• do it more often.
That sounds easy, but it is swimming upstream in many organizations. How can we make it better?

Thursday, August 20, 2009

Going Faster

It seems obvious that you can go faster if you take longer strides and cut corners.
In software, this is very much false.
Be advised.

Tuesday, August 18, 2009

Don't Geocache Your Variables

GeoCaching is a quirky, slightly geeky, fun treasure hunting game made possible by the ubiquity of GPS devices on the market. Essentially, person A will hide some object somewhere on the face of the earth, then publish the location as GPS coordinates. Person B will find their way to the given coordinates, take the object left by A, and replace it with another little gift/trophy for person C who might come along later. The locations may be at the bottom of a lake, top of a mountain, inside a cave, in a hollow tree, underground, in the hulk of an abandoned vehicle, etc. The game, therefore is partly in hiding the items in fun places, and partly in finding the items.

Geocaching in "meatspace" is fine, and probably a lot of fun (I've not had the pleasure personally). Geocaching in software is wrong.

I have found classes which contain something like this:

public class Location{
private Item XXX;
public Item Xxx {
get { return XXX; }
set { XXX = value; }
// A bunch of other variables
// A bunch of methods that deal with other variables,
// ... but never mention XXX or Xxx ever again.

Now the problem is that the Location doesn't need the Item at all, yet it is the place where some other class' method, perhaps CacheFiller.SetItem(Item x) will store item x. At some point in the program another class' method, like CacheRetriever.GetItem(), will retrieve the value.

Why is the data in Location? Because Location is somewhere in the intersection of the set of objects CacheFiller and CacheRetriever have in common. In other words, it is a convenient place.

Convenience is a pretty good reason, yes? Isn't it important to write new features quickly? You bet your bottom line it is! The code we write today is the code that's in our way tomorrow. What kind of week do we want to have next week?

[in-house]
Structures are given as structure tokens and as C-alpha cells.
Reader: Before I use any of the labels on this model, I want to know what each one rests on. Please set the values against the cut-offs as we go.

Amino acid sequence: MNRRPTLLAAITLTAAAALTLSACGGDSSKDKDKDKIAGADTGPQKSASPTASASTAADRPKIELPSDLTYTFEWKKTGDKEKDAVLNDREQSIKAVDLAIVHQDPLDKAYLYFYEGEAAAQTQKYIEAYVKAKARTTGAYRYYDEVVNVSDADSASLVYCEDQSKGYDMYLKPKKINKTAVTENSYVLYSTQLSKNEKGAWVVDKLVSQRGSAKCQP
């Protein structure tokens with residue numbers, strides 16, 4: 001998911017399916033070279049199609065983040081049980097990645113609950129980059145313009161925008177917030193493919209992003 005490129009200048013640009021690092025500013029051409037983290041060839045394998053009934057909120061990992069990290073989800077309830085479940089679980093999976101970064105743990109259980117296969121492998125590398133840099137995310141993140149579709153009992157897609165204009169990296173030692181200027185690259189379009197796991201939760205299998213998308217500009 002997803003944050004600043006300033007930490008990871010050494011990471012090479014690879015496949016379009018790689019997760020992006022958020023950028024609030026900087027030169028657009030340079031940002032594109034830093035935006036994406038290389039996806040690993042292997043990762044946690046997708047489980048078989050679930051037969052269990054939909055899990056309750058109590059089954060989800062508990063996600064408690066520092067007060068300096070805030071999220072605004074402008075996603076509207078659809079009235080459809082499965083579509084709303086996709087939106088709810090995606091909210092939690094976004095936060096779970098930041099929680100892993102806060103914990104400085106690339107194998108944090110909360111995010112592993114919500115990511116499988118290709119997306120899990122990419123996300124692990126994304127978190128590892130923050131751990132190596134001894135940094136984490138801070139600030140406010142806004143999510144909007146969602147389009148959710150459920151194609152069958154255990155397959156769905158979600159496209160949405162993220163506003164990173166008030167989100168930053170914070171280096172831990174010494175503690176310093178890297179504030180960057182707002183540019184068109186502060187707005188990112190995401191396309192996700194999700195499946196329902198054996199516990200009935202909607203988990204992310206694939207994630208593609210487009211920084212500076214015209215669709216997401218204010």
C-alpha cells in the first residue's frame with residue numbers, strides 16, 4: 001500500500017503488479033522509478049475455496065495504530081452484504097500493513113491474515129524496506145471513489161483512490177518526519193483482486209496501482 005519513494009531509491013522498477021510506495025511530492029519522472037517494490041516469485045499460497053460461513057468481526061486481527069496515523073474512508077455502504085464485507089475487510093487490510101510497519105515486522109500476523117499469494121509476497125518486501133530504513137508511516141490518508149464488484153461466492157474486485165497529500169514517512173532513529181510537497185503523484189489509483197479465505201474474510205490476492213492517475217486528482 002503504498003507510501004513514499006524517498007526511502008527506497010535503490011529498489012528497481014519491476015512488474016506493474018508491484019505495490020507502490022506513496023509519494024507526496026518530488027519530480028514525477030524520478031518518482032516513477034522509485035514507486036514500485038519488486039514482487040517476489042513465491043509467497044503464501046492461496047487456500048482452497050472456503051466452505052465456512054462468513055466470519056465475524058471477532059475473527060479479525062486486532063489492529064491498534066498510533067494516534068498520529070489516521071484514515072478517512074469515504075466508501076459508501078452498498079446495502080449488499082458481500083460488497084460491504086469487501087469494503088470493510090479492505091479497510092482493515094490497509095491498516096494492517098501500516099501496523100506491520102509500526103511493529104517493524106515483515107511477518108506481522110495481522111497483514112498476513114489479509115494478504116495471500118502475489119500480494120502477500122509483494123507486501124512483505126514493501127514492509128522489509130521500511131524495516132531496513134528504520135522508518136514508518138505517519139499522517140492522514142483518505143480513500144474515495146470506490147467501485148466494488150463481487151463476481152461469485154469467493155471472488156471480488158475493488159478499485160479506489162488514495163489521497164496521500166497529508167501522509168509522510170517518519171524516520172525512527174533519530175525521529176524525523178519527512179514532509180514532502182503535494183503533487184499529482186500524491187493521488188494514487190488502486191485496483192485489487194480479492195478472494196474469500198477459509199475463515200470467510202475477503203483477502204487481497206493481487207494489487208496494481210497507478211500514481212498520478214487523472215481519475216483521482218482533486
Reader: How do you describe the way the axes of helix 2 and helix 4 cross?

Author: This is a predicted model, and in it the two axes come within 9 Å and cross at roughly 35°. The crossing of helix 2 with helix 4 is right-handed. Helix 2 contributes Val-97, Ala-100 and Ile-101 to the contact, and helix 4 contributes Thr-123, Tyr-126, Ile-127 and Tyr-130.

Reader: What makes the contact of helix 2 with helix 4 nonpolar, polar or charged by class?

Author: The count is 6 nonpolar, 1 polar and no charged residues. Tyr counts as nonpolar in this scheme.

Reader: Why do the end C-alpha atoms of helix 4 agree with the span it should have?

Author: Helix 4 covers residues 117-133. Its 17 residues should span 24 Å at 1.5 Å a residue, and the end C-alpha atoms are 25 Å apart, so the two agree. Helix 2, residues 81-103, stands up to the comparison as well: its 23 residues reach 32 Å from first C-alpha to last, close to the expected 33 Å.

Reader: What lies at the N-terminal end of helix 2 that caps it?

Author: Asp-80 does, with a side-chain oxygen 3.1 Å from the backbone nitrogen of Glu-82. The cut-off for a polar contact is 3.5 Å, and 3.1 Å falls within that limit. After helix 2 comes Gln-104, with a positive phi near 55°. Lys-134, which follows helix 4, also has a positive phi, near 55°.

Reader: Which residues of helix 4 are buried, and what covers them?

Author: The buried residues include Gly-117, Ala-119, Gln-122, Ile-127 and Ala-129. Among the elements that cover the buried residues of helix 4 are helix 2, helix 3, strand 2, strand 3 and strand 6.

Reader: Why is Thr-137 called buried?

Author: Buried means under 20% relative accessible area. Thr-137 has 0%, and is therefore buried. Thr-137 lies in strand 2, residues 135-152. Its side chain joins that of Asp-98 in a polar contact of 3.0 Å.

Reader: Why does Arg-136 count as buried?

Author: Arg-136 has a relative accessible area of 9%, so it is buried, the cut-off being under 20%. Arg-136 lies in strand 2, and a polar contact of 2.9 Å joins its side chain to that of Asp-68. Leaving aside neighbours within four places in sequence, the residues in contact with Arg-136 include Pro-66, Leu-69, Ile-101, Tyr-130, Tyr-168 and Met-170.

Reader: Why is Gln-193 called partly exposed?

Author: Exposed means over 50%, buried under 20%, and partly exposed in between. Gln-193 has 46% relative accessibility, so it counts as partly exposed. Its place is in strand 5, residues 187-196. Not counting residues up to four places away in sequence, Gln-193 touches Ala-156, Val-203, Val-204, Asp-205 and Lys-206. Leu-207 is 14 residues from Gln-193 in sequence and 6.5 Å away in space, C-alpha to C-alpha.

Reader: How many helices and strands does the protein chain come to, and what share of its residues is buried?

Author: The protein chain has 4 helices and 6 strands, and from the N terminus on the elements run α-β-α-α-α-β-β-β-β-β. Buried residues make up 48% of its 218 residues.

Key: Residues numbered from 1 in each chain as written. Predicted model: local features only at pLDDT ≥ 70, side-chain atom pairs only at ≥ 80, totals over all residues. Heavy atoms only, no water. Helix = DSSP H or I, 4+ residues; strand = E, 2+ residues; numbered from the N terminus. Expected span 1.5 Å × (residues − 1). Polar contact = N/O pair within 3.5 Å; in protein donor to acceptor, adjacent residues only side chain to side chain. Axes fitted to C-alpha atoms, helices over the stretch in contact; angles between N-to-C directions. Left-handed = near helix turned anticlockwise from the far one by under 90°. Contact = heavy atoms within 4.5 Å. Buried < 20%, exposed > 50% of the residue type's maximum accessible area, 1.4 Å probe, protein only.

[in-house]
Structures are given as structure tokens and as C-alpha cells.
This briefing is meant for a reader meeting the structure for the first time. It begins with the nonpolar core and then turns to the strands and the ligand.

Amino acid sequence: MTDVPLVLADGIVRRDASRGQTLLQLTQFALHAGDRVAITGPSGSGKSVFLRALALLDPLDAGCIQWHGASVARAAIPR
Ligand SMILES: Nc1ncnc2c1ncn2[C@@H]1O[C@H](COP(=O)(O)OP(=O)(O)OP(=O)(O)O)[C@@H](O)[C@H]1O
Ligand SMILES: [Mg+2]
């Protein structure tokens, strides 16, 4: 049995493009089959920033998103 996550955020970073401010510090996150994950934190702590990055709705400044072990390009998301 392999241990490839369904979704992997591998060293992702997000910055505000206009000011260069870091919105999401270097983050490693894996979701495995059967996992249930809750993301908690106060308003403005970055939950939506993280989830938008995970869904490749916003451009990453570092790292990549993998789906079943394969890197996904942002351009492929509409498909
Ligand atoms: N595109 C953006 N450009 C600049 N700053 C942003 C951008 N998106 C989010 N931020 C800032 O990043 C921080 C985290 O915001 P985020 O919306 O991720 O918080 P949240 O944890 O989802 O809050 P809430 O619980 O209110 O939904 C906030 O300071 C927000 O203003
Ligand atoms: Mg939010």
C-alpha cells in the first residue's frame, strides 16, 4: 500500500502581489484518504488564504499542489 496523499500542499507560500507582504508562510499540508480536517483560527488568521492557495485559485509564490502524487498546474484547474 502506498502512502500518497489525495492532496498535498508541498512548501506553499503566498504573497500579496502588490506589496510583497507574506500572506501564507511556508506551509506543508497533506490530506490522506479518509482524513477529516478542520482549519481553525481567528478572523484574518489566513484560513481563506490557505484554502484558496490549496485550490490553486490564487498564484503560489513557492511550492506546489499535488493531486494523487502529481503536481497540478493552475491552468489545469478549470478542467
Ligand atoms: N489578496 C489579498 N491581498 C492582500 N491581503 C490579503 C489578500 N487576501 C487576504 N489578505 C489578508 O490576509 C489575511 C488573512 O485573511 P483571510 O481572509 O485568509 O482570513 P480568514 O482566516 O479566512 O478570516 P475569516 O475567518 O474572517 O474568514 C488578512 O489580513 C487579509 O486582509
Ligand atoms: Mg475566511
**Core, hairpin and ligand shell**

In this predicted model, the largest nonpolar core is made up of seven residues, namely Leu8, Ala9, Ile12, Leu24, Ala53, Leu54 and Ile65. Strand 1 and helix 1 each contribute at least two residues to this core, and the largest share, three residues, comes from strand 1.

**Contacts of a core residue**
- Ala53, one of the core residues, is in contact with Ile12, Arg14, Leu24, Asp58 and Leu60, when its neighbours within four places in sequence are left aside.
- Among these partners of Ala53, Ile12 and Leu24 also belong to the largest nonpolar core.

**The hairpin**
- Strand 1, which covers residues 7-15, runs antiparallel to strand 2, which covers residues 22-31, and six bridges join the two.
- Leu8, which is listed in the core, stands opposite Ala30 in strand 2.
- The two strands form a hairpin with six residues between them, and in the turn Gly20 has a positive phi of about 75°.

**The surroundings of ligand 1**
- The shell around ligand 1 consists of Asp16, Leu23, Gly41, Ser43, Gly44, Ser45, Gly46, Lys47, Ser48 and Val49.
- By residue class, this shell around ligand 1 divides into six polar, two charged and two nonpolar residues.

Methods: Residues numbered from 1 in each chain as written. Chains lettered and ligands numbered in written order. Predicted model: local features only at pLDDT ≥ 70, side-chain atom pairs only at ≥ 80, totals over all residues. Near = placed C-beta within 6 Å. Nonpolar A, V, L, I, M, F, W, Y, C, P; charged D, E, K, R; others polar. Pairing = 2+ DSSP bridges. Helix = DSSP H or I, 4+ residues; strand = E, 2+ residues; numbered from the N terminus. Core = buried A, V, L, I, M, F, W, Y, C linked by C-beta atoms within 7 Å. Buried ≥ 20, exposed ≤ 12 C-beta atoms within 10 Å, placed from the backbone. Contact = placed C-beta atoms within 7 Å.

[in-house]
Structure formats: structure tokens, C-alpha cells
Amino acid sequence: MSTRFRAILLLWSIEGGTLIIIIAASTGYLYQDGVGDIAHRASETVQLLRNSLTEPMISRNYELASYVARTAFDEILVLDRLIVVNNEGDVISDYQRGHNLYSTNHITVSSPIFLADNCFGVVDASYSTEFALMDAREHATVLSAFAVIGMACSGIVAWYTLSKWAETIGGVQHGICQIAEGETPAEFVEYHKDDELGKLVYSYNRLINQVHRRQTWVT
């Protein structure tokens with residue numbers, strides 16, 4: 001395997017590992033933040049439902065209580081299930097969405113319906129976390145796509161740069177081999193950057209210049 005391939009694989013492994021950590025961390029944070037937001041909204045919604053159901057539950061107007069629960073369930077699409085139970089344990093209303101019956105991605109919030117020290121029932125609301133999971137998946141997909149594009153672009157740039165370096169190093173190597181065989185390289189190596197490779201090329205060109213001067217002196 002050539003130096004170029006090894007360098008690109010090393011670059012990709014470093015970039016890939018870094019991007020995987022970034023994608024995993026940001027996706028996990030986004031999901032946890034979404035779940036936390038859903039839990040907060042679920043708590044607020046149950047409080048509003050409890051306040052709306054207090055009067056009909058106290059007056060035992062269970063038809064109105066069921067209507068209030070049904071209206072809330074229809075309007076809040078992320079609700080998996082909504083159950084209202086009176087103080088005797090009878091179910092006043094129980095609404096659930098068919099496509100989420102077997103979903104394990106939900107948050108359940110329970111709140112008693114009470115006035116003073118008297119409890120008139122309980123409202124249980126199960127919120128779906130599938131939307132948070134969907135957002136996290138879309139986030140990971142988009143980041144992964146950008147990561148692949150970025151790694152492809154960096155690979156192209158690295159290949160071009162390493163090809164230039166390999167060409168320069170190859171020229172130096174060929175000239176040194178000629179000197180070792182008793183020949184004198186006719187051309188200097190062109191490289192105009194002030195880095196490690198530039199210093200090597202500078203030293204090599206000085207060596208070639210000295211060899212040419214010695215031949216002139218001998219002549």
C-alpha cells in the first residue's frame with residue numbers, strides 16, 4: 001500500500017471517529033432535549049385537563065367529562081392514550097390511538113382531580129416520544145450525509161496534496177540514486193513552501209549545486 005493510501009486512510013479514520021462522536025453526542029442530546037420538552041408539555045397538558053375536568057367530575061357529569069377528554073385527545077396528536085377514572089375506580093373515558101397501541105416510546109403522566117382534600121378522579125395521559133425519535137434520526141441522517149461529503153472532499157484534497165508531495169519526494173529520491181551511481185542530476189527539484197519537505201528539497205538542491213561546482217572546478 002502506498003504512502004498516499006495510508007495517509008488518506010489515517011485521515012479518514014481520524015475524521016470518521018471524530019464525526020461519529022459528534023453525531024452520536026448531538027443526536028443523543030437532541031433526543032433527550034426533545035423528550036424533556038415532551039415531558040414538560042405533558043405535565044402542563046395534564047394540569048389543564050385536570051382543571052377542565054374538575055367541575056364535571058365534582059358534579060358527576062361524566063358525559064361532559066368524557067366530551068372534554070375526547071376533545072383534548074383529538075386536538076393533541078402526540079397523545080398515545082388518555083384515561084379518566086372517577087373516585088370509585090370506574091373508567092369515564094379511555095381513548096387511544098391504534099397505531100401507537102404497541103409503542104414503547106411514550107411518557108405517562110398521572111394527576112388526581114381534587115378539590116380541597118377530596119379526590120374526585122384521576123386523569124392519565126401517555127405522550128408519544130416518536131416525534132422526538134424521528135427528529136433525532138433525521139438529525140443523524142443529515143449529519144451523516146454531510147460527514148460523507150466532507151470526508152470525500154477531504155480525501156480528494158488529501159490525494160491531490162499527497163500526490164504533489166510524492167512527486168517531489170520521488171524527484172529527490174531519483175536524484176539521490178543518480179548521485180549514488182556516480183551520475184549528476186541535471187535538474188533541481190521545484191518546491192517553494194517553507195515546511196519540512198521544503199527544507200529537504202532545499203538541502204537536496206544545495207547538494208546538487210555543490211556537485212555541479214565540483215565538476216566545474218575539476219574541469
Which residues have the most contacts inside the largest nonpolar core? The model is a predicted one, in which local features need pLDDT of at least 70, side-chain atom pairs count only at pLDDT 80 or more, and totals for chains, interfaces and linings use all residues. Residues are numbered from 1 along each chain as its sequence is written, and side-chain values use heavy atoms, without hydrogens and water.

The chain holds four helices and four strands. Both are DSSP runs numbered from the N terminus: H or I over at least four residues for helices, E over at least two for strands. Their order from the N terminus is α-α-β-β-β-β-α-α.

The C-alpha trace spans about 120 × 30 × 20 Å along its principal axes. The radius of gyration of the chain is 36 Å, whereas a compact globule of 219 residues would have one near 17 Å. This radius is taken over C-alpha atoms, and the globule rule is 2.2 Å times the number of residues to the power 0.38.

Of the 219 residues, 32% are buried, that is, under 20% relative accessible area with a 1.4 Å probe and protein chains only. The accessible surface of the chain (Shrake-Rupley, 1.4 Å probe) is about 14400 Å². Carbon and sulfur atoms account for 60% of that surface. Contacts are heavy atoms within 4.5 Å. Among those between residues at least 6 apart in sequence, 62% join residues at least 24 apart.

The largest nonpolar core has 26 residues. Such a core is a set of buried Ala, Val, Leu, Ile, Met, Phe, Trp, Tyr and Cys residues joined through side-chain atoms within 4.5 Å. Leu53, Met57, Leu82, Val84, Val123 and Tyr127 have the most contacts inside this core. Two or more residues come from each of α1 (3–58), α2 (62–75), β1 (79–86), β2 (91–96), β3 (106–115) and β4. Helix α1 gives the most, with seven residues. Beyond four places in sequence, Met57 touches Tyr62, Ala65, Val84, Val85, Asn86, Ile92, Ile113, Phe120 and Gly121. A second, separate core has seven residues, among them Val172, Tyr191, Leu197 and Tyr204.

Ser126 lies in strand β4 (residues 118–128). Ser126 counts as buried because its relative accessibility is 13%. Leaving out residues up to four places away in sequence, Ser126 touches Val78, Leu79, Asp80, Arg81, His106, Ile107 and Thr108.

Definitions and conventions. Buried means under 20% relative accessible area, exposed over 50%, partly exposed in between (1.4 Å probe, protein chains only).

If we are contract coders, and also selfish jerks, we might not care too much about the guys who have to deal with our code in the future. Even so, "the future" may be as soon as next month or next week, and short-cutting our code today will mean we (ourselves!) can do less tomorrow.

When I worked for Uncle Bob Martin the first time (Hi Bob) we traveled the world teaching object oriented design. Uncle Bob said in a maximally cohesive class, all of the methods used all of the variables. Most classes will not be totally cohesive, but it certainly is suspicious and smelly if a class has variables that are never used by its methods, or has methods that do not use any of its own variables. Low cohesion is poor design.

That having been said, you can get an official Agile Otter Cohesive Design Waiver in two circumstances:

  1. For certain utility classes have no variables of their own, and work by using a low-level API methods, provided the utility does not store the API's variables in other classes.

  2. For certain tuple-like "data truck" objects which have no behavior of their own, provided no other classes in the system are performing operations on the data (ie. feature envy).

I'm finding that for many of the beany objects I encounter, I find a number of other places in the code that are performing the object's behaviors. Remember that "having no methods" is not the same as "having no behavior". Frequently these are duplicated in multiple inconvenient places (close to UI or database code, intermixed with the rendering of reports, etc). The feature envy can be solved by extracting and migrating methods, and might result in a much more cohesive class.

When I find data-less utility classes, I sometimes find that they are geocaching some variables in other non-static objects. It suggests that there are proper classes possible that would combine functions from the utility classes and parts of the data objects together in a more cohesive whole.

Let's reiterate some examples for those who joined us late:

  1. When methods of a class touch their own instance methods, that is cohesion. In general, cohesion is good and should be maximized.

  2. When methods of one class touch the variables of other classes (even through getter/setter methods) that is coupling. In general, coupling is considered to be necessary but not so good, is to be minimized.

Coupling is not so good because it frustrates testing and refactoring. The places where a change is made and where the change causes a failure are not very close together. It is best when cause and effect are more closely situated in time and space. The more coupled a module is, the easier it is to break and the harder code is to separate and repurpose. For instance, the code in a triply-nested 'if' statement inside a switch/case statement in the query generation section of an Initialize method of a code-behind for a UI form is a little hard to test in fitnesse or NUnit. Testing is very important and we should not make it hard to do important things.

Cohesion is good because a cohesive class can be tested in greater isolation from UI and network and database issues. It can provide its own evidences of activity. It can be mocked-out more easily. It can be understood in a single IDE window. This makes it easy to do important things, and there are advantages in making important things easy to do.